George Moses was born in Windsor, New South Wales on 8 March 1838, the son of Uriah Moses and Anne Daley. He had eight brothers and sisters - Frederick Uriah (1830-1831), Rachael (1831-1831), Henry 1832-1926), Susannah (1834-1923), James (1840-1840), James Uriah (1842-1892), William (1844-1923) and Thomas (1846-1850). Although George came from a large family, four of his brothers and sisters died as babies or young children.
George was baptised on 8 April 1838. We do not learn anything further about George until his marriage to Elizabeth Penelope Pendergast at St Matthew's Church of England, Windsor on 8 June 1865. The notice about the wedding in the Illustrated Sydney News 16 July 1865 stated that the groom was from Armidale so at some stage prior to his wedding he had moved to Armidale to work. The family lived in Armidale for a number of years. On 18 August 1866 George and Elizabeth's first daughter, Letitia (1866-1928) was born. The birth of their second daughter, Parthenia (1869-1872), was registered in Sydney so she was possibly born in Redfern which was where the family moved to from Armidale. When George Victor was born in August 1871 the address was Oldham Street in Redfern but when Parthenia died almost six months later the family was living at 1 Holden Street, Redfern.
George worked as a clerk in the New South Wales Civil Service. A note in the Richmond and Windsor Gazette 8 August 1908 stated that George worked in the Railway Department, though he may have worked in another department earlier in his working life. We know from newspaper articles that he worked in the Parcels' Office in Bathurst for many years, probably from 1879 to 1894. The railway line was extended to Bathurst in 1876 with the railway station officially opened on 4 April of that year. George and Elizabeth's third daughter, Elsie, was born and died in Redfern in 1879 so the family was still in Sydney at this time.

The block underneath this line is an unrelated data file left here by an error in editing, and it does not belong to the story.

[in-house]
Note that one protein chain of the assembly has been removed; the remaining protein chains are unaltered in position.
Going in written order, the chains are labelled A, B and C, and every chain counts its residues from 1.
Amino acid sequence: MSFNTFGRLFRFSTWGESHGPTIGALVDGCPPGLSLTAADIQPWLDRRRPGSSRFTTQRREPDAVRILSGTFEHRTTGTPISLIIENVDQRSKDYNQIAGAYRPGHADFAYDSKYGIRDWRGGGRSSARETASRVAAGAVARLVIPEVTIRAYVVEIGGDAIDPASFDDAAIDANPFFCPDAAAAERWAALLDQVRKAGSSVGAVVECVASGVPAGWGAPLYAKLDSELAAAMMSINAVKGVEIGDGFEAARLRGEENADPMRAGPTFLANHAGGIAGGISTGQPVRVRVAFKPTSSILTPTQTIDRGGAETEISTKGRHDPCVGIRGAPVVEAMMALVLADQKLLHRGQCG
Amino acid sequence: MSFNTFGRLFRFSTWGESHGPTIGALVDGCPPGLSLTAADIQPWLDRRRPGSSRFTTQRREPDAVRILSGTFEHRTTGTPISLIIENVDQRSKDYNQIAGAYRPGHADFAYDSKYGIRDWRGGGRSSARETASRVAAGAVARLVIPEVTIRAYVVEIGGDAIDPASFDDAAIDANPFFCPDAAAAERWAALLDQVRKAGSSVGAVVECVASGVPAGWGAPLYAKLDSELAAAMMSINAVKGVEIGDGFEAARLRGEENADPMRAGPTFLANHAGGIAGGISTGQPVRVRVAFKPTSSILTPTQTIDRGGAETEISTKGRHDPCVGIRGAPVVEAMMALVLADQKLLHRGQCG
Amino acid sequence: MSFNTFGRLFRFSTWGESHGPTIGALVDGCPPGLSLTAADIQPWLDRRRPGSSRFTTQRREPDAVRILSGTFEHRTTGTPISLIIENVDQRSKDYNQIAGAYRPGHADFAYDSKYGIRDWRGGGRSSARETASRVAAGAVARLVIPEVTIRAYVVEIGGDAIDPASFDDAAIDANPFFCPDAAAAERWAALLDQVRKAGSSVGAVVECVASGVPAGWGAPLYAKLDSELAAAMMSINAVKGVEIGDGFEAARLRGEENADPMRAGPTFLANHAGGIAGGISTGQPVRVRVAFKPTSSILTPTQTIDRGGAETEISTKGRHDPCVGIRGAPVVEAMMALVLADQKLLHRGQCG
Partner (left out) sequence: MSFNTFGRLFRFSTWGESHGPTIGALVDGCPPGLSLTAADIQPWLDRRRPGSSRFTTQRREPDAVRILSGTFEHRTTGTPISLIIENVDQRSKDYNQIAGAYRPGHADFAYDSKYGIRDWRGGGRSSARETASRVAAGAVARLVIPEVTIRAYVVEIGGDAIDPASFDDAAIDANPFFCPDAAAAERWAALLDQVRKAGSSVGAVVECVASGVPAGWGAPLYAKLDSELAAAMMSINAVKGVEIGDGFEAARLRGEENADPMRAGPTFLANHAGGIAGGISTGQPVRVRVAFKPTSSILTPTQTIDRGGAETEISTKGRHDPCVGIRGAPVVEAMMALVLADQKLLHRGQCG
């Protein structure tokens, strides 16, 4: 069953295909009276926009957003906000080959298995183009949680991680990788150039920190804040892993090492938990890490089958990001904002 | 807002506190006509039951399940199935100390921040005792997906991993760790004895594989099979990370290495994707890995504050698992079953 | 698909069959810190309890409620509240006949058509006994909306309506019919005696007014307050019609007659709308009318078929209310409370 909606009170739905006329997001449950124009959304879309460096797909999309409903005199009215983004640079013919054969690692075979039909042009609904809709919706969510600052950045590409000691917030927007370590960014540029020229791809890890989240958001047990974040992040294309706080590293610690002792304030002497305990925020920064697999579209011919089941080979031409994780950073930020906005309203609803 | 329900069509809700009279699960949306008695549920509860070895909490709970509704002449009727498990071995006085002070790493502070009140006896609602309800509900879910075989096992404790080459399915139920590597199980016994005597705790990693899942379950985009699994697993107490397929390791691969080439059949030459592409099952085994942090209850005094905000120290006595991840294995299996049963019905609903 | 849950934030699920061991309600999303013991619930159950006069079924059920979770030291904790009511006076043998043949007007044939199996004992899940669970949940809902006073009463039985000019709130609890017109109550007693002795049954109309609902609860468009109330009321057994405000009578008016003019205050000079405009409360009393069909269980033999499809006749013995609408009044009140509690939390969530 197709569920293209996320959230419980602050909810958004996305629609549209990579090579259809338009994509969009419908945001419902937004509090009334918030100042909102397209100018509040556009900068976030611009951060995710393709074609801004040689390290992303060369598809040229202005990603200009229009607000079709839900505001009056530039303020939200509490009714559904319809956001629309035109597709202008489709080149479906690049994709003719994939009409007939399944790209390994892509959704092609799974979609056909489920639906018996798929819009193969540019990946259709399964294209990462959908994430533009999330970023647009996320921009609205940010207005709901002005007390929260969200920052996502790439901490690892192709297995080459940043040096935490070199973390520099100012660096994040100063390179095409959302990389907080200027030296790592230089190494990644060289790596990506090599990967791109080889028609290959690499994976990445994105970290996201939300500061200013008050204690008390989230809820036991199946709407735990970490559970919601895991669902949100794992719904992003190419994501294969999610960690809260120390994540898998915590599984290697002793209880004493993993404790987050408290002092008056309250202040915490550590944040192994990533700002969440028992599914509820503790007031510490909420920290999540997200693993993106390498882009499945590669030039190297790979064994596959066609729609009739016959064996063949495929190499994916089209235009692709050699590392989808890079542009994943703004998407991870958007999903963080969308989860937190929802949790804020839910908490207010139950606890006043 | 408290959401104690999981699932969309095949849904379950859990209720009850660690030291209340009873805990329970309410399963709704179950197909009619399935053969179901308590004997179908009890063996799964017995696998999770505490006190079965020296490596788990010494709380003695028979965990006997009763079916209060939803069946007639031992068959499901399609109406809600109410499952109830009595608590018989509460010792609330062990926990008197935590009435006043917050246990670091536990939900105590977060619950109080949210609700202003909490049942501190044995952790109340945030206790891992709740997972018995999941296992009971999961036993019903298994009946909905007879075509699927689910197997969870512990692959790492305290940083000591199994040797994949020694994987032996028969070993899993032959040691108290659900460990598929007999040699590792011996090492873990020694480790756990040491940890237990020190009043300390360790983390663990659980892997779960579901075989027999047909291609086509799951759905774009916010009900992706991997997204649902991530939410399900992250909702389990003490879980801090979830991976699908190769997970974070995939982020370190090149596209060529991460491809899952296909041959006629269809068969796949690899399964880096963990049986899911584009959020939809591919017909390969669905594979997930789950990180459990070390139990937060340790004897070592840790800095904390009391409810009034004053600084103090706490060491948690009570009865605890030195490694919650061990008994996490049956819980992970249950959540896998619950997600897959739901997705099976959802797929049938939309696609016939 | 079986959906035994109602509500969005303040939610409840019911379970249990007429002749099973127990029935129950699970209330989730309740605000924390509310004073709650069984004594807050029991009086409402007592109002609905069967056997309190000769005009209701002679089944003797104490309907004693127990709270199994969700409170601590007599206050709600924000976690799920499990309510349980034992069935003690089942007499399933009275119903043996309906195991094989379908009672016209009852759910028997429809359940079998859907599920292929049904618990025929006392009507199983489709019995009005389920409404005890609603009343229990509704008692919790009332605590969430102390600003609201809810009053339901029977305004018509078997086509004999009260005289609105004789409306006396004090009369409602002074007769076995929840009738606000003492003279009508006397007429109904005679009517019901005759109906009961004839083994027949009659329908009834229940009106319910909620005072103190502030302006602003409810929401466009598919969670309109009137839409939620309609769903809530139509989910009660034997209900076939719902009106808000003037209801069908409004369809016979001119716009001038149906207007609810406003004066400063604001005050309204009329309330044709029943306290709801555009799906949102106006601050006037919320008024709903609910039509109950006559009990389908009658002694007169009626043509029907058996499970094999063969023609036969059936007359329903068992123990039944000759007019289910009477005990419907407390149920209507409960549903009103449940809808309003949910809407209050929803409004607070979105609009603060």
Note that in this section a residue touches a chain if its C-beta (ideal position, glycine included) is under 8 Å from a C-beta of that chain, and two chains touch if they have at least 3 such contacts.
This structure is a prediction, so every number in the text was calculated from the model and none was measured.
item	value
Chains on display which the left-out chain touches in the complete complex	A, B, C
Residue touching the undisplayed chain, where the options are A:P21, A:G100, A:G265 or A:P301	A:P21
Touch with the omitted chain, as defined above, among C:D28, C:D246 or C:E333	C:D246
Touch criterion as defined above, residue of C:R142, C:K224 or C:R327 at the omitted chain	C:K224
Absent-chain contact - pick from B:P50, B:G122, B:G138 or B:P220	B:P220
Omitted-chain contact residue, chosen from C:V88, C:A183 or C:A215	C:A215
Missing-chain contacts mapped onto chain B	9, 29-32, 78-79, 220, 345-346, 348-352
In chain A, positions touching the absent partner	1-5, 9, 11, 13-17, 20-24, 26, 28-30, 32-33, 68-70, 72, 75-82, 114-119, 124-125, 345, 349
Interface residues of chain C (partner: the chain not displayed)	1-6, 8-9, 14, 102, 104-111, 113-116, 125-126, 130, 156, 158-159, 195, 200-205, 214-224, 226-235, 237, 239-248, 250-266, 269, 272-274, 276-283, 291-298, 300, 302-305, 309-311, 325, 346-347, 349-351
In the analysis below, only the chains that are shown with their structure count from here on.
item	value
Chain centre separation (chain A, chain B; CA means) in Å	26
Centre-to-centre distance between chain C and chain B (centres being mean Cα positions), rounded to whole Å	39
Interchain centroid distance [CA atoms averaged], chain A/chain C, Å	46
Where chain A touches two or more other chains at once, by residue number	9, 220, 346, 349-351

George and Elizabeth had two more children in the 1880s - Constance Henrietta (1882-1974) and Henry John (1889-1936).
When George left Bathurst in 1894 a presentation was made to him. The following article appeared in the Bathurst Free Press and Mining Journal 24 May 1894:
Presentation — Mr. George Moses who for a number of years was engaged in the Parcels office of the Bathurst Railway Station, and was at all times a deservedly popular and obliging officer, having removed to Sydney, his friends have presented him with a gold chain and pendant, an opal gold pin, and a gold nugget pin. The presentation was made in Sydney as Mr. Moses could not leave to visit
Bathurst again. The pendant bears the following inscription 'Presented to George Moses by the public of Bathurst
as a token of esteem on his departure from Bathurst, May, 1894.' The chain, etc., was ordered through Mr. J. Penson, Jeweller, Keppel street and the work is very creditable.
However life could be eventful working in a Parcels' Office as was shown when George was required to give evidence at the trial of an offender who obtained a portmanteau from the
parcels office at Bathurst by false pretences. A detailed article about this incident at the railway station appeared in the Bathurst Free Press and Mining
Journal 10 October 1893.
The next mention of George and Elizabeth is when their son, George Victor, was married in 1901 when their address was listed as Albion Terrace in Annandale.
The Sydney Morning Herald (3 August 1908) reported that George Moses, late of Windsor, died on 2 August 1908 at a private hospital at Waverley after a long and painful illness. He was 70 years old. George was buried at Waverley Cemetery.
George Moses was my great grandfather.